Marketing Metrics that You Need to Embrace, Ingest and Amplify

As a follow up to the “List of Marketing Metrics Your CFO will Love” we offer these additional crucial metrics that must be central to your campaigns.  These are the numbers that your VP of Marketing will be keenly interested in as often his/her job, and perhaps life, depends on delivering qualified sales leads to the VP of Sales.  Get these numbers dialed in to create your “Ultimate Lead Generation Machine”.

Learn your numbers.  Live your numbers.  Eat and breathe your numbers.

Response Rate (direct mail)

What is it?      This measures the number of people that call or visit you directly as a result of the direct mail campaign.

What is good?      1% is generally considered successful.  We have seen some companies with only a 0.33% (1/3 of 1%) response rate and their campaign is still enormously profitable because their average revenue per client is so high.  We have also seen some companies with spectacular 8% response rates but these are typically unique cases where the offer is incredibly relevant and compelling for the target audience.  These 8% cases are the exception and not the rule.

How should you plan?      Recommend building 3 response rate models at 1%, 0.50% and 0.25% to see how the numbers look in each scenario prior to launching your campaign.  If you are not profitable at a 0.50% response rate (perhaps because your average profit per client is relatively low), then we recommend hitting the brakes immediately.

How do you improve?    It always starts with the list.  You need to be speaking to the right people and not speaking to those that will not buy.  If your list is optimized, then your focus needs to go to your offer.  Your offer is the “candy” that will get your prospect to pick up the phone and call you.

Response Rates (email)

Measuring response rates with email is trickier because there are more hoops to jump through to generate a response.  First the email needs to be received, then opened, then they must click thru to arrive at your website and then they must call or give you their contact info.  For the record, we are only speaking about email campaigns where the recipient has “opted in” and volunteered to receive the emails.  We do not endorse spam.

Open Rate

What is it?    The number of people that open or view your email divided by the number sent.

What is good?    A novice might think that most every email is opened so an open rate should be close to 100%.  But this is far from true.  We have found that open rates typically land in the 20-50% range where anything above 40% is considered very good.  These low rates are typically driven by overly aggressive spam filtering and corporate firewalls that often stop the email before it even reaches the recipient’s Inbox.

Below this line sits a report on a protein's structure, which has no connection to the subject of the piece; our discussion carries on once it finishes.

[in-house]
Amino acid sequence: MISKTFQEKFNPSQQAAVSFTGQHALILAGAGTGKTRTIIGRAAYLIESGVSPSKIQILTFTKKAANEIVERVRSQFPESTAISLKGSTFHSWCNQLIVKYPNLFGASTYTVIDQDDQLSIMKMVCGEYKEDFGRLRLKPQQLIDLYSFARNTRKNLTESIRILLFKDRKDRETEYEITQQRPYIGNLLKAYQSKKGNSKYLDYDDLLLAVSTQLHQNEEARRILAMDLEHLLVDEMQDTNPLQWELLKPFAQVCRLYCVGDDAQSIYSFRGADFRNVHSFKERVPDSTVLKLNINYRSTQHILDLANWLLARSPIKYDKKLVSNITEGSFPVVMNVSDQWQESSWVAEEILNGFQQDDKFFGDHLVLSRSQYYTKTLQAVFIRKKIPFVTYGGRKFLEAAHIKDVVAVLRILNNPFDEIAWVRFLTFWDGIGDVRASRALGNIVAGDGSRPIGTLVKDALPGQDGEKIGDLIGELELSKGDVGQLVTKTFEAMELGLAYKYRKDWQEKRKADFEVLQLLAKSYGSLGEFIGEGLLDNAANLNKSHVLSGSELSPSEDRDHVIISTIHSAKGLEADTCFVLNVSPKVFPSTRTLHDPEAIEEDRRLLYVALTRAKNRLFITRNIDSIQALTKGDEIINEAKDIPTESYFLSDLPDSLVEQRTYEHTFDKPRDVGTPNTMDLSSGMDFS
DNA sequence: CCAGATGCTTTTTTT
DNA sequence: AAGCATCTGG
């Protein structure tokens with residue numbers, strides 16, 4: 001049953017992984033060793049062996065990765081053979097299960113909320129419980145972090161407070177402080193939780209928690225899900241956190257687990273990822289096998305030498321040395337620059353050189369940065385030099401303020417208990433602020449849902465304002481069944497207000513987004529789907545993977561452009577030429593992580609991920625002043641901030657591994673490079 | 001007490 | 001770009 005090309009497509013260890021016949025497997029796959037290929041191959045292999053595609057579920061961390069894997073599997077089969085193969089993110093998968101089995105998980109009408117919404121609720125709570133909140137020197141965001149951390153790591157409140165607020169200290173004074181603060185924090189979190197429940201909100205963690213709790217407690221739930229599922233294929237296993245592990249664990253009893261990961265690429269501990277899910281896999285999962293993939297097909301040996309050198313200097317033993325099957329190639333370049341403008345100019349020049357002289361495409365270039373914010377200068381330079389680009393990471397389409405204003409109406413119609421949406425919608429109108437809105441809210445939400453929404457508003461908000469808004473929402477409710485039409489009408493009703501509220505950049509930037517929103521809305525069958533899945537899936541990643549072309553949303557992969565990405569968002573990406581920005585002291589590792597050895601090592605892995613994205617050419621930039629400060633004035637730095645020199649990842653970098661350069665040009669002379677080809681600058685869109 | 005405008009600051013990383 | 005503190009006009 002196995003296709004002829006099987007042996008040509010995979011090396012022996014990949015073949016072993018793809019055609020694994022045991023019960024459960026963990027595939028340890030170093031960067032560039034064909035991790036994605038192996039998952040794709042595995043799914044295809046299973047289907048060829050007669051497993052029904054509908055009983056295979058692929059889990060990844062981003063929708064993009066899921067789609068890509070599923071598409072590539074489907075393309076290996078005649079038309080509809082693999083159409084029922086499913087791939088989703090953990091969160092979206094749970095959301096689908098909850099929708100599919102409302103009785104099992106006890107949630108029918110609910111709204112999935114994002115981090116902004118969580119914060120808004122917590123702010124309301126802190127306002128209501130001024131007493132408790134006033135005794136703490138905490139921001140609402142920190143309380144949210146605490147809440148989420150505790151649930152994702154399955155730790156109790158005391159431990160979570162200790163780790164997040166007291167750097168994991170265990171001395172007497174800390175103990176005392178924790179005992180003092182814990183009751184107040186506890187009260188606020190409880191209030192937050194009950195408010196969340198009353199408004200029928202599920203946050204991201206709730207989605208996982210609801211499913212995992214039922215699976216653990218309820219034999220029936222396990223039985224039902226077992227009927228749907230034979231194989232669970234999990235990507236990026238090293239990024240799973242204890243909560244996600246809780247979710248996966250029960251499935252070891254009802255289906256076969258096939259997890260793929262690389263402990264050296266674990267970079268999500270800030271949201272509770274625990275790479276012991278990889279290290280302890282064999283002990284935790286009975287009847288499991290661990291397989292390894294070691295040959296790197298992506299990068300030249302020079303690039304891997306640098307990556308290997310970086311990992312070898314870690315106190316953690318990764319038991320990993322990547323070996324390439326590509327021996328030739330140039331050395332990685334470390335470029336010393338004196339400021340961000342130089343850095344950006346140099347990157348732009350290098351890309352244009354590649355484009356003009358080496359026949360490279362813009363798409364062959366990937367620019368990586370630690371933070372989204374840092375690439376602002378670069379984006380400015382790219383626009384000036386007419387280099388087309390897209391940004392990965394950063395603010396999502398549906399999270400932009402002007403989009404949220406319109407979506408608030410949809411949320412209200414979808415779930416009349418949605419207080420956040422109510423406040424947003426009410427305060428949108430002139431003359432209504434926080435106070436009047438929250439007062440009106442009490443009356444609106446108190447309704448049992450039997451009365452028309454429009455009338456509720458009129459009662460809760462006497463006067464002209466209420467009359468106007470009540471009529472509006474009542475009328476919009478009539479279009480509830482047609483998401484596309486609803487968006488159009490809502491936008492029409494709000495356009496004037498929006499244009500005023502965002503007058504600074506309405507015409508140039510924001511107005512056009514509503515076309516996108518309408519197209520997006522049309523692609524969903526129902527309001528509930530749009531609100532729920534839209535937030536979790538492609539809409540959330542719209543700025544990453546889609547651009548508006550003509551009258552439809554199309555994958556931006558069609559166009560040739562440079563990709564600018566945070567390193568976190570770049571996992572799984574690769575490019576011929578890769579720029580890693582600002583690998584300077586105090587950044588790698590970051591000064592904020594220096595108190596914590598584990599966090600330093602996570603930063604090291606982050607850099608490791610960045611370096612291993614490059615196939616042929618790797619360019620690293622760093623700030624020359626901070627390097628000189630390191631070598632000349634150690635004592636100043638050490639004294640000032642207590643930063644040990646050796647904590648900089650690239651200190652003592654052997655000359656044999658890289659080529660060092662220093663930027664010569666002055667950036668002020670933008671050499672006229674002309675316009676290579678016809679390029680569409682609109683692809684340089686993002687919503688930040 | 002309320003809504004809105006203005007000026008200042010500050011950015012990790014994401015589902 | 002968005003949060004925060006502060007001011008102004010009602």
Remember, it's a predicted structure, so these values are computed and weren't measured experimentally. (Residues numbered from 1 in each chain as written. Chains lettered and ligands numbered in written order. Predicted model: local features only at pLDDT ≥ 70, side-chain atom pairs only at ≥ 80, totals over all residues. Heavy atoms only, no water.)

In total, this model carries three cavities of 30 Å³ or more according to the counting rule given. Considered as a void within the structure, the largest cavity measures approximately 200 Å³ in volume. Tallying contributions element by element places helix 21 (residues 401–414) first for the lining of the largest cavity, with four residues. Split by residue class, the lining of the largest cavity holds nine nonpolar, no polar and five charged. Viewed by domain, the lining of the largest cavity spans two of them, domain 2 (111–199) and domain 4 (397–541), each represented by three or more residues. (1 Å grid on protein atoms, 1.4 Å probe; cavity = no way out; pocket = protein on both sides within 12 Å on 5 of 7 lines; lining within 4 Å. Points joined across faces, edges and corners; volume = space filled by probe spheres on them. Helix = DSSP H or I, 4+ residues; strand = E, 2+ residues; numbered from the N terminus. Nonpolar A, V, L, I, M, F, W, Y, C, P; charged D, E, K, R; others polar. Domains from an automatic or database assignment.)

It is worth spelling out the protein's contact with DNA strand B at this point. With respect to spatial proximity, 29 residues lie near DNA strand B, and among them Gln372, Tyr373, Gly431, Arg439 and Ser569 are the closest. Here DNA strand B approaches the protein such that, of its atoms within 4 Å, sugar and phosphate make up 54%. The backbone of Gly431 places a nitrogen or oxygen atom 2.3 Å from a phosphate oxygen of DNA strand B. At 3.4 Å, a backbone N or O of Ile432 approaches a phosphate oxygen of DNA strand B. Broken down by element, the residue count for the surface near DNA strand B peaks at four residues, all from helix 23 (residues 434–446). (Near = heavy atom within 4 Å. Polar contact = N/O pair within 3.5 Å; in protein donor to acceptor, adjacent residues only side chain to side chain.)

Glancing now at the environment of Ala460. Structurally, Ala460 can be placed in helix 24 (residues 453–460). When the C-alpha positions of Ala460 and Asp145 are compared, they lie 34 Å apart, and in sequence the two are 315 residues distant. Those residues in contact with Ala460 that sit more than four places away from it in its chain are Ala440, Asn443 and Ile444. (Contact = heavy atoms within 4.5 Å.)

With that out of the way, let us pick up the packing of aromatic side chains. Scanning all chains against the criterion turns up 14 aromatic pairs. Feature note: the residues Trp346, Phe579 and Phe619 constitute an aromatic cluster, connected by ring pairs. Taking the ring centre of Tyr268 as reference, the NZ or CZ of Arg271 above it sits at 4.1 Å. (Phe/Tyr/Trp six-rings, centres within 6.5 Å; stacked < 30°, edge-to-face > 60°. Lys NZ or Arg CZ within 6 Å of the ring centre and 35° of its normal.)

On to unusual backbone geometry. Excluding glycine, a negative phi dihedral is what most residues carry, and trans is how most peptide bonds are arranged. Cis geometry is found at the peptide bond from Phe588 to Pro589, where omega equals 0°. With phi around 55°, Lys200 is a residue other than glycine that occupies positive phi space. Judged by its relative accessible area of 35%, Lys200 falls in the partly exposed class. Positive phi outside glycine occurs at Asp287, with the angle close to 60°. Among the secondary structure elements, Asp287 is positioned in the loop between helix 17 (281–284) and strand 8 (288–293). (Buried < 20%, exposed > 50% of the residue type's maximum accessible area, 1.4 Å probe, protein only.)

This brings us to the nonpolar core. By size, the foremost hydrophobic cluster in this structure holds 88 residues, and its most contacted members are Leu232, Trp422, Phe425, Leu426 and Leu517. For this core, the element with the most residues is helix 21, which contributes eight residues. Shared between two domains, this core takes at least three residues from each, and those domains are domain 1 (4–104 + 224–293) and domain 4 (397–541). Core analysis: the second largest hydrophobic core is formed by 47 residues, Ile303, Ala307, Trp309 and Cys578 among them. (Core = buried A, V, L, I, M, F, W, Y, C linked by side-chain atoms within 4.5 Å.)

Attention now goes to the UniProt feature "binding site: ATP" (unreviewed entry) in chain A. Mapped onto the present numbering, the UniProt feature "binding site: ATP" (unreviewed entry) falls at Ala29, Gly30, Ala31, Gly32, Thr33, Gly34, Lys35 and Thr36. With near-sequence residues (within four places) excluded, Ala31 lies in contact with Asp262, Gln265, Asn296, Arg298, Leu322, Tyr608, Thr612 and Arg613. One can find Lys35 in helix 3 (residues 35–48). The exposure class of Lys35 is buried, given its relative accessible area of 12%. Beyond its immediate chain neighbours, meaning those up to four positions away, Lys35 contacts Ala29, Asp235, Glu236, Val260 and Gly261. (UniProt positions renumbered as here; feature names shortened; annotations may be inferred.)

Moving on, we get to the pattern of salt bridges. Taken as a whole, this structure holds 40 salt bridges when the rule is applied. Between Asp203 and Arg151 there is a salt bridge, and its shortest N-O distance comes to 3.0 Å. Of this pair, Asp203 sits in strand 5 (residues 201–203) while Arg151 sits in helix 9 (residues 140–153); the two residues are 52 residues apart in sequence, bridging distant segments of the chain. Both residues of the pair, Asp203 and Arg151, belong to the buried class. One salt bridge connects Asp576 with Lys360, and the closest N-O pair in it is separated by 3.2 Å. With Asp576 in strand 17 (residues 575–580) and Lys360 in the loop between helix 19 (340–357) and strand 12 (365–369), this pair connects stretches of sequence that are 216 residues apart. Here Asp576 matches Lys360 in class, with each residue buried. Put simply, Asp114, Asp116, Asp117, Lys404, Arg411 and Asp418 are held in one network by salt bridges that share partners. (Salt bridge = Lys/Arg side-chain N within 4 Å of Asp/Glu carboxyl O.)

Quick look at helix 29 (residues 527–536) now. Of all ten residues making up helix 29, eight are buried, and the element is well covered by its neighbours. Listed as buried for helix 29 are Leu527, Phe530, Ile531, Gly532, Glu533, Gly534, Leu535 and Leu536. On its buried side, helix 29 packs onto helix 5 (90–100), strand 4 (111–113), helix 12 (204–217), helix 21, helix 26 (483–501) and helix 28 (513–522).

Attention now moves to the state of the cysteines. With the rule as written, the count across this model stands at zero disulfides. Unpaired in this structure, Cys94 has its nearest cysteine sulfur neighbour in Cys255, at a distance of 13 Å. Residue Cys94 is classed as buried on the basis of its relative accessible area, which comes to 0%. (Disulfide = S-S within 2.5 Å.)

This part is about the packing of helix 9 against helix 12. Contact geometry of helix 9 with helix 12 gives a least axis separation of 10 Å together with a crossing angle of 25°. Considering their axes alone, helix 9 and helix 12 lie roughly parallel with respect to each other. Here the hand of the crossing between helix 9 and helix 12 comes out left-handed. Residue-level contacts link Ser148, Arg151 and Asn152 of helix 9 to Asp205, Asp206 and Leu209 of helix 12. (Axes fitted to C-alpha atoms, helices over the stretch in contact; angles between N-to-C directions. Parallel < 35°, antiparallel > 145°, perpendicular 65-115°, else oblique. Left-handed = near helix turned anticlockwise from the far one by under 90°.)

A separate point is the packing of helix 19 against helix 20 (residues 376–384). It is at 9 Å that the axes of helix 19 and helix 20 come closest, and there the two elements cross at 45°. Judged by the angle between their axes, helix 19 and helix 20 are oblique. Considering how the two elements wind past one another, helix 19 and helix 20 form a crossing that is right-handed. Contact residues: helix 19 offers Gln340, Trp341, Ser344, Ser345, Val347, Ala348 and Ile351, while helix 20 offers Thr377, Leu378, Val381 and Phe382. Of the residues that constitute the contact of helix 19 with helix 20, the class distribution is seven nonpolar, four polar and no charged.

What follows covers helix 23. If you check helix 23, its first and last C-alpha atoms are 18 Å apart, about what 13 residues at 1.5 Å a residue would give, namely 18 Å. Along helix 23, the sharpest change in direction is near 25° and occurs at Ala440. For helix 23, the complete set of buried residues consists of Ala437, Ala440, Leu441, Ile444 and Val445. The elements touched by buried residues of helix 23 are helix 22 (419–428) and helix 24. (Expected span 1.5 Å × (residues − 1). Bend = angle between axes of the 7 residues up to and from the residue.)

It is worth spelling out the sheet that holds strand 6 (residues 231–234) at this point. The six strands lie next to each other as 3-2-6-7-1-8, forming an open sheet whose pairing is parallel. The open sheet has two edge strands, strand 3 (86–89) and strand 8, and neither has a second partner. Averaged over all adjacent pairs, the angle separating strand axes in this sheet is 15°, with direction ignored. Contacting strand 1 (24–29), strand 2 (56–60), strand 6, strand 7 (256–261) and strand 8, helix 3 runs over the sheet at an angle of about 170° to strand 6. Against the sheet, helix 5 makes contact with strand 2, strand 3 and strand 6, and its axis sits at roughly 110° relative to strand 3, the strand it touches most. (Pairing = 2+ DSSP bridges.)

How should you plan?    If you are using an opt-in list and have a solid message and offer that is relevant to your target audience, it is reasonable to assume a 30% open rate for your campaign.

How do you improve?    The tip to increasing open rates is to make the subject line more compelling.  But be careful about using a strong offer in the subject line that might trigger the email as spam.  For example, the word ‘free’, which is a magic word in the world of copywriting of traditional direct response letters, is certain death when it comes to spam filters, as the email will likely be crushed.

Click thru Rate

What is it?    The click thru rate measures the number of people that read your email AND then click on a link to visit your website or landing page divided by the number sent.  Current email technology makes it very easy for you to get a list of people that have actually clicked through, which is often a great list of leads to “coincidentally” call on.

What is good?    We have found that a click thru rate of 2% of the total sent is considered ‘good’.  A 1% click thru rate is generally considered to be acceptable, but not lighting the world on fire.  We have seen clients get click thru rates in the 4-6% range, but those are cases where the offer is very compelling, brilliantly matched to the target audience and typically from a large brand name company.  These 4-6% click thru rates are the exception and not the rule.

How should you plan?    Recommend assuming 2% as best, 1% as middle and 0.5% as worst case click thru scenarios for your campaign.

How do you improve?    Make your Call to Action very prominent and near the top of the email and not buried at the bottom.  Tell the recipient what you want them to do.  Don’t make the recipient hunt for your links.  Tell them to “Click Here to find out more”.  Use graphical buttons with a call to action message to drive response.

Visitor to Inquiry Conversion

What is it?    Measures the number of people that express interest in your product or service divided by the number of people that click through.  The indicator of “expressing interest” is based on the number of people that sign up on your website in a lead generation form.

What is good?    This ratio can be all over the map depending on the quality of your website, your value proposition, your offer and how difficult you make it to get people to sign up.  We have seen this as low as below 1% and as high as 25%.  It is common to be in the 2-3% range.

How do you plan?    Recommend assuming 5% as best, 2% as middle and 1% as worst case conversion rates for your campaign.  Ideally you are directing your click thru’s to a special landing page (not your home page) where your offer is featured and where it is very easy and obvious for them to sign up by giving their name and address.

How do you improve?    Make it easy for them to sign up.  Put a strong offer and a sign up form right in front of your prospect.  Make the landing page a very positive experience with content that they will be interested in and that is relevant to the link that they just clicked on.